U.S. stock index futures turned lower and interest rates spiked after the government reported a brighter-than-expected report on the labor market.
The data had a net 204,000 new jobs created last month, easily beating the 120,000 number anticipated, while the unemployment rate rose to 7.3 percent. Economists polled by Reuters expected the U.S. economy to have added 125,000 jobs in October compared with 148,000 in September.
"This is an unexpectedly large beat for a report we expected to fall short," emailed Dan Greenhaus, chief global strategist at BTIG LLC. But, given the likely impact of the government shutdown, "we have to wait until November's report to get a fuller picture of what's happening this fall," he added.
The report, the latest clue as to whether the U.S. economy is improving, comes as investors look for more signs on when the U.S. Federal Reserve will begin winding down its $85-billion-a-month bond-buying program after the central bank held policy unchanged last week.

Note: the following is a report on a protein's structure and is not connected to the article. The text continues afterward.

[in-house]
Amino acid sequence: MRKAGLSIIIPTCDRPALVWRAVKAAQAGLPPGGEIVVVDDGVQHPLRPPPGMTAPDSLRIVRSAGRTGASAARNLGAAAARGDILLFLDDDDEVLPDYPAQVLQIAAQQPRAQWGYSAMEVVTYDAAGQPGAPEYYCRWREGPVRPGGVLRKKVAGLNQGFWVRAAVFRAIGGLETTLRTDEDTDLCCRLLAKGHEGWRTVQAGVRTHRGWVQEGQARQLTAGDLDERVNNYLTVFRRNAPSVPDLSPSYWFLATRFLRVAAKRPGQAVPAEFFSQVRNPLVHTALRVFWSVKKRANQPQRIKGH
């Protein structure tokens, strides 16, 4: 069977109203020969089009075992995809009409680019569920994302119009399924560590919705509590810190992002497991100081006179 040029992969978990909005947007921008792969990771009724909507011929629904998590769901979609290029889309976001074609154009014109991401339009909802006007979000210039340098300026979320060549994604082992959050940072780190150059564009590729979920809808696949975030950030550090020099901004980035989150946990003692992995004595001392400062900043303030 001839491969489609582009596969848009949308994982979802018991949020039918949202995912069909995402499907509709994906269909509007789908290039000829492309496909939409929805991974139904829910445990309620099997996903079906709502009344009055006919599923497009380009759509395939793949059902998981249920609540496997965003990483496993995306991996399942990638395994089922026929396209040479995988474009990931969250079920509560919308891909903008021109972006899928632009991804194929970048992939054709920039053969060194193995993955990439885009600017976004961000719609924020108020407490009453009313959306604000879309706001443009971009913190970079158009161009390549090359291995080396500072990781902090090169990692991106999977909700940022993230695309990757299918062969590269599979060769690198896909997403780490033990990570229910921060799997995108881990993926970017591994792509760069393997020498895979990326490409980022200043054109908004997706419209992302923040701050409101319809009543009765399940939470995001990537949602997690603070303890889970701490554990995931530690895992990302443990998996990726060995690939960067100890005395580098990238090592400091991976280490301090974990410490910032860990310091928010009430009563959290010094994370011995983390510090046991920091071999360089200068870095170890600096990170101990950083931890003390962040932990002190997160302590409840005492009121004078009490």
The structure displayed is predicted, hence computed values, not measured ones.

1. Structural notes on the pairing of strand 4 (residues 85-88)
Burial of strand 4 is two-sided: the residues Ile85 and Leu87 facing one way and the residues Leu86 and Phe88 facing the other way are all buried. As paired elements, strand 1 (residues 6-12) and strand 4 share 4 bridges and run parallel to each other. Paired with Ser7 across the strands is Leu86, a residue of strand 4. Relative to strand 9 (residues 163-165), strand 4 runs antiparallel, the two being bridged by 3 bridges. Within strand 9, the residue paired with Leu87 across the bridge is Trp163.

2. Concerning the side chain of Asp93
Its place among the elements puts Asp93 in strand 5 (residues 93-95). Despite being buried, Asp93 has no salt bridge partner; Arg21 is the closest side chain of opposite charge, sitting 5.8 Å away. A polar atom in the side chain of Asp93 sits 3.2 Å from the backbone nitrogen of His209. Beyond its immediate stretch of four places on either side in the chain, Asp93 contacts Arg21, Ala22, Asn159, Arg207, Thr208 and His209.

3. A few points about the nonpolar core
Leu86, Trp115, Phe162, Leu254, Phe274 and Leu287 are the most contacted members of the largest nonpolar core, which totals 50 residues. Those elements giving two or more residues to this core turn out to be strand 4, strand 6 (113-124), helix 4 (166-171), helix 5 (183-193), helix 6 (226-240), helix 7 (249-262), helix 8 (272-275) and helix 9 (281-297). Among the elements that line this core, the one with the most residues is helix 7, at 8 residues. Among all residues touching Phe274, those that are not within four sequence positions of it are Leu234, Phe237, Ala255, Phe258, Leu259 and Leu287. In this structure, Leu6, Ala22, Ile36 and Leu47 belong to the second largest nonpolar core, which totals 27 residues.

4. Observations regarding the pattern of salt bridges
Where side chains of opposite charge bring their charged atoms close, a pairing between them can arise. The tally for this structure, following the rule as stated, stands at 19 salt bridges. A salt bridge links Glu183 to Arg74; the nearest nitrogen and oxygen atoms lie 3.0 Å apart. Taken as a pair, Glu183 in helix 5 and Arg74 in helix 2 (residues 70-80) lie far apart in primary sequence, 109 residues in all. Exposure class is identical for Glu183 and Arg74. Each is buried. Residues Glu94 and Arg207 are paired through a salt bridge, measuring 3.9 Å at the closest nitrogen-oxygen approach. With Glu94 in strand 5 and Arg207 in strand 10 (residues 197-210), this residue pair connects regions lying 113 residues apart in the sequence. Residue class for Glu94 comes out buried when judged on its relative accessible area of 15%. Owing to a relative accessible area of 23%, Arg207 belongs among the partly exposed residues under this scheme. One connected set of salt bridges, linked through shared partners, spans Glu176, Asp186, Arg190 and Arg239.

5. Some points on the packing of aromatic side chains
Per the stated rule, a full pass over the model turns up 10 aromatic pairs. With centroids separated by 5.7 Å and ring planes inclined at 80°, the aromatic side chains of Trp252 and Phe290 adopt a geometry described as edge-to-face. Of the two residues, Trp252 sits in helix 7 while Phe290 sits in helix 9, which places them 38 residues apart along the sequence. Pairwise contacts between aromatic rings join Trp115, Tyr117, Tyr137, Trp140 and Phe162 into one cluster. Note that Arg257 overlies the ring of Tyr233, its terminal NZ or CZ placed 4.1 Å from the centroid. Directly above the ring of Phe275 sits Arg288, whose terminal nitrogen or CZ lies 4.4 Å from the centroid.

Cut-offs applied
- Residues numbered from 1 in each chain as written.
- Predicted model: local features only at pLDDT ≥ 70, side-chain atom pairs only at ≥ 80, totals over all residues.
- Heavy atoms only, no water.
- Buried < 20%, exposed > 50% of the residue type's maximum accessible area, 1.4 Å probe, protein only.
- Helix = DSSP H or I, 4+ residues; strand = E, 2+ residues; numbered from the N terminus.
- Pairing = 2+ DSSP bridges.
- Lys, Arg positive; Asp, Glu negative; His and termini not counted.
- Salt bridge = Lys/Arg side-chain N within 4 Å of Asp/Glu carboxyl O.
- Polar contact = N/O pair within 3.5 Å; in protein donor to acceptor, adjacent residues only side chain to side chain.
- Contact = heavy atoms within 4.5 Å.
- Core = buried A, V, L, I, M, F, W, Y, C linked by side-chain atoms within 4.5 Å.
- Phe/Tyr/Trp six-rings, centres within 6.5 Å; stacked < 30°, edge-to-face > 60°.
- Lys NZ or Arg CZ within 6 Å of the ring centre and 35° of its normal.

The data follows stronger-than-expected gross domestic product data on Thursday, which showed the economy expanded 2.8 percent in the third quarter, which fueled global market fears of early tapering by the U.S. Federal Reserve.
On Thursday, the Dow Jones Industrial Average fell 1 percent, the S&P 500 took its worst hit in ten weeks and the Nasdaq skidded 2 percent following the data. Asian and European stocks also traded lower on Friday as fears spread that the central bank could taper sooner than expected.
The yield on the 10-year Treasury note that figures into mortgage rates and other consumer loans rose 12 basis points to 2.73 percent.